In recent years, advances in both the physical and life sciences have increasingly come from the collaborations of researchers across disciplines, and the development and use of tools from a range of areas. A prototypical example of this interdisciplinary approach to science is systems biology, the field concerned with quantifying how the interaction of individual system components control biological function and behaviour. Systems biology has become increasingly quantitative, with a shift from diagrammatic representations of interaction networks to sets of mathematical equations that model (i.e. simulate) how the concentrations of molecular species vary with time. A key advantage of such models is that they can be used to predict how the networks they represent will respond to specific perturbations, such as changes in environmental conditions (e.g. temperature) or the addition of pharmacological agents. The ability to easily generate such predictions reduces the need for large numbers of expensive and time-consuming experiments. However, the more complex a biological network is, the more complex the corresponding model needs to be, and the greater the range of possible biological behaviours that can be exhibited. This means that extensive computer simulations are needed to adjust the parameters controlling the model so as to accurately reproduce (i.e. fit) the experimental behaviour observed. For biologically realistic models which can involve hundreds of different molecular species, the number of simulations required to adjust the parameters of a given model to achieve the optimal fit to data can be prohibitively large, far exceeding that which is possible on practical timescales. Thus, for the predictive power of mathematical models to be fully realised in the systems biology domain, methods are required that allow this parameter optimisation procedure to be carried out in a computationally efficient manner. The proposed project will address this need by bringing state-of-the-art methods from computer science to bear on the problem, which have been successfully applied previously to highly parametrised problems like aircraft conflict alert systems, design optimisation of lightweight materials and routing of mesh sensor networks (amongst others). In addition, we propose to develop new methods specifically engineered for the systems biology domain that can provide insight into model behaviour, beyond simply returning a single estimate of the best fit parametrisation (e.g. methods for identifying parameters yielding equally good fits to data, and also parameters which simultaneously fit the model to data generated in diverse experimental conditions). As part of this, we will develop a package of open source software tools that will be embedded within a software infrastructure designed for systems biologists, enabling the methods developed in this work to be readily applied to problems in the field that are currently computationally intractable. To test and refine the algorithms developed, they will be applied to the gene network that generates circadian oscillations (the circadian clock) in the key plant species Arabidopsis thaliana, for which high-quality experimental data recorded in a range of genetic and environmental backgrounds is available, together with a suite of mathematical models of varying complexity. As part of this work, biochemically detailed models of the clock will be directly fitted to multiple experimental datasets for the first time, yielding models with greater predictive power. Many processes critical for plant growth and reproduction are regulated by the clock (e.g. photosynthesis and flowering time). In the long term, the ability to optimise plant models of increasing complexity with the class of methods we will develop here may thus help predict how the viability of economically important crop species will be affected by future temperature shifts resulting from climate change.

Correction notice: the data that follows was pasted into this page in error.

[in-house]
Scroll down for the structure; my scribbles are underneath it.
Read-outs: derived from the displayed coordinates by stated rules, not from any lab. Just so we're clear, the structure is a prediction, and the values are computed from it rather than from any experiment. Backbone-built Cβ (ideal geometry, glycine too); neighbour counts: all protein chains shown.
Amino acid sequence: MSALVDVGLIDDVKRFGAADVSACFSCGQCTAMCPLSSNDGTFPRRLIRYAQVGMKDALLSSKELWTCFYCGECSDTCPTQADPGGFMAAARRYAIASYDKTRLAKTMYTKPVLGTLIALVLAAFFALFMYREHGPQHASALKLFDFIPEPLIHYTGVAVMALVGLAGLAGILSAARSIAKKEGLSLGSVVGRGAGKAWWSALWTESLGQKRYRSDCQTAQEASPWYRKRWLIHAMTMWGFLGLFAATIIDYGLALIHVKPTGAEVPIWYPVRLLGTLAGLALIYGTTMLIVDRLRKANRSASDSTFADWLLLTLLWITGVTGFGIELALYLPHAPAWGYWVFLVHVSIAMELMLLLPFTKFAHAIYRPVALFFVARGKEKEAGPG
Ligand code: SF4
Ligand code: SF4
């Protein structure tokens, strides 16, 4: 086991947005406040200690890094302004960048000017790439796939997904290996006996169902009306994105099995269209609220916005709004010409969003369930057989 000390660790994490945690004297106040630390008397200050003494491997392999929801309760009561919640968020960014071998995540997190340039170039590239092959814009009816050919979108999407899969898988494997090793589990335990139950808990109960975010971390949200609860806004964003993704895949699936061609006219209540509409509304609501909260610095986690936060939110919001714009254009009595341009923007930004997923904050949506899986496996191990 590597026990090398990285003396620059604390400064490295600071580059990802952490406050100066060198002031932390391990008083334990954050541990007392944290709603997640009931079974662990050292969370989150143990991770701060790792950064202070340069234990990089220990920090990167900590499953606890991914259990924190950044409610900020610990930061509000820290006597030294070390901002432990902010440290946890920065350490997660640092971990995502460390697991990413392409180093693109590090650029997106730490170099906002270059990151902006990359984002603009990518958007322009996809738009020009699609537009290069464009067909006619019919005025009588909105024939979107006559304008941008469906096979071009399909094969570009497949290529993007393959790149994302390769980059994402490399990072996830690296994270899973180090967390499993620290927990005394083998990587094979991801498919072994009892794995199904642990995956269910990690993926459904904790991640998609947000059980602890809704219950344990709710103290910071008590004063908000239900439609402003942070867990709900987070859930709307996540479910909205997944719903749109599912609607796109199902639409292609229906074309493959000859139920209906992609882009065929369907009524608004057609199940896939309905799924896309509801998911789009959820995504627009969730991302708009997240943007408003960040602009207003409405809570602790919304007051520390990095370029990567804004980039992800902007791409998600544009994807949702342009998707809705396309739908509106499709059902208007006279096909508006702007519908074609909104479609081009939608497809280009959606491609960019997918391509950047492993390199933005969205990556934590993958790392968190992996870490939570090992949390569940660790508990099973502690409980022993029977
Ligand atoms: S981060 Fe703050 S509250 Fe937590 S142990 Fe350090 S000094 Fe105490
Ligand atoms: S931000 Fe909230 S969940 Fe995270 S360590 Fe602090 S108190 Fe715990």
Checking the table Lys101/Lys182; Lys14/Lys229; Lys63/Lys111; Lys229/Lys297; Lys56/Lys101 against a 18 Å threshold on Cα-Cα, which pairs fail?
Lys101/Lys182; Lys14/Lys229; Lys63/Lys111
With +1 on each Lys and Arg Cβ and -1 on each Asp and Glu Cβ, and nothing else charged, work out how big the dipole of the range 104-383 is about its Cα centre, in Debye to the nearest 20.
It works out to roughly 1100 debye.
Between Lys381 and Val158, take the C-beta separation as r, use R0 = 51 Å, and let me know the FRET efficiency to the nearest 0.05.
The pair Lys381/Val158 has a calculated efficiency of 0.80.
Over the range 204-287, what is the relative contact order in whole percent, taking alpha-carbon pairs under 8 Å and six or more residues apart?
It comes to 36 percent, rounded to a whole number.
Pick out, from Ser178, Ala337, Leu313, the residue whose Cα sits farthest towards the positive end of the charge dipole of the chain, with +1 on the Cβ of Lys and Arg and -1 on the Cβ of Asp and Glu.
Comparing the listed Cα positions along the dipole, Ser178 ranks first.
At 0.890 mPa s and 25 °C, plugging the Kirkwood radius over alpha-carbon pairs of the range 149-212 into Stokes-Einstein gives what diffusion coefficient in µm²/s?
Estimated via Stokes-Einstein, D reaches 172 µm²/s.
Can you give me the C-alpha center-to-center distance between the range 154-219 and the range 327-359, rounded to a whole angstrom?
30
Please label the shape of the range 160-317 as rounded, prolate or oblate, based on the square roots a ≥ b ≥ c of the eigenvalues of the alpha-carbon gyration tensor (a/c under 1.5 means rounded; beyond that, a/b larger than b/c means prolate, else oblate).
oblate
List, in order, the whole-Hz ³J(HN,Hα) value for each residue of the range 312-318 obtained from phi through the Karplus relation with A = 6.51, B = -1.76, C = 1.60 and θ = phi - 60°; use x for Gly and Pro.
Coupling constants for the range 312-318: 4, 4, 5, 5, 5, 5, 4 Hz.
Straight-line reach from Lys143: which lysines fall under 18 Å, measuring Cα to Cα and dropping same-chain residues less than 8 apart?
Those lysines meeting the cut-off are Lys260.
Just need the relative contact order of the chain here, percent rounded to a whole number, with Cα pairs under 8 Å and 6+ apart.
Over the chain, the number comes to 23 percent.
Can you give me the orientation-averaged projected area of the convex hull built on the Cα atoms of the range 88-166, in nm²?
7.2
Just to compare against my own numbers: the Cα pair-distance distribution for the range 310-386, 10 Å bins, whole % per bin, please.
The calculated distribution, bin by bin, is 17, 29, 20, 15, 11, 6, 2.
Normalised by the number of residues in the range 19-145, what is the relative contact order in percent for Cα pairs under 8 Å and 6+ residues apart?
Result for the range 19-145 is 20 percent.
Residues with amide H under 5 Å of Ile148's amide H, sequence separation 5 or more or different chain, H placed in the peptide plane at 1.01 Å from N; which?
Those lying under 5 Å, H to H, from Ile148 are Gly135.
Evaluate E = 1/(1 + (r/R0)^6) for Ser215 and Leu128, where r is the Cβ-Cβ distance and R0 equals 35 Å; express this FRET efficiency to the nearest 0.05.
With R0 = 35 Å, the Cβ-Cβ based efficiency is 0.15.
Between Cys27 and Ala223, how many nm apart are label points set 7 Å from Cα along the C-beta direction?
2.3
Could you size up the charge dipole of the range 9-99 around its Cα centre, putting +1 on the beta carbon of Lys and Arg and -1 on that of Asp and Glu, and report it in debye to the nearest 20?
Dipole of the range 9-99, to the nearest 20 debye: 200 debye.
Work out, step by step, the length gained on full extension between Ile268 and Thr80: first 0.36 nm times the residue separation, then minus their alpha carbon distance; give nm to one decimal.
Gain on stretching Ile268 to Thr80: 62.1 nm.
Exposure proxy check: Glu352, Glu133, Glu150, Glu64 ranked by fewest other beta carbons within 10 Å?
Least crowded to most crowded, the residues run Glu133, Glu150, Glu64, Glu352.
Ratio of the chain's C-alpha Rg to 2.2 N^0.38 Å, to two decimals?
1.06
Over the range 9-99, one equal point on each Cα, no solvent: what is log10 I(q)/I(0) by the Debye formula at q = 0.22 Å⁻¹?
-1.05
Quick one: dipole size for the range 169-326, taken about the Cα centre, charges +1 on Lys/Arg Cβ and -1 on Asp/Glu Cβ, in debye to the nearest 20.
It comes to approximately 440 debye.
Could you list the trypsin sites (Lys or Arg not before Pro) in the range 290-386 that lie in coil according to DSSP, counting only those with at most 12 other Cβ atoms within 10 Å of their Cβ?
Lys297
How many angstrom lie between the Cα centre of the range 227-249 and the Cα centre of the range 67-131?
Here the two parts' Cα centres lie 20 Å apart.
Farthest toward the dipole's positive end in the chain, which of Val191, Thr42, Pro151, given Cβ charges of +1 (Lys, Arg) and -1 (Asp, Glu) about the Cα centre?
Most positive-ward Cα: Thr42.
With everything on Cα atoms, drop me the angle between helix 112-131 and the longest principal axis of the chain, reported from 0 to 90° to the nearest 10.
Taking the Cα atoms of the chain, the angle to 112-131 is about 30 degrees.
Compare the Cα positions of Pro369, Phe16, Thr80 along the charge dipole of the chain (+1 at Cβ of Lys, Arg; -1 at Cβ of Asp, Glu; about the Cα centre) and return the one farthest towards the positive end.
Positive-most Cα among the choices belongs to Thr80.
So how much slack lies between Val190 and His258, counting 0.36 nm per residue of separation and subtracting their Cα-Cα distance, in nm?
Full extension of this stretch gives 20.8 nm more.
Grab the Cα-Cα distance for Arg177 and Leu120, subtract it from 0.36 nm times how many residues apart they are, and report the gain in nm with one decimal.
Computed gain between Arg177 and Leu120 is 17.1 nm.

• Project . 2006 - 2009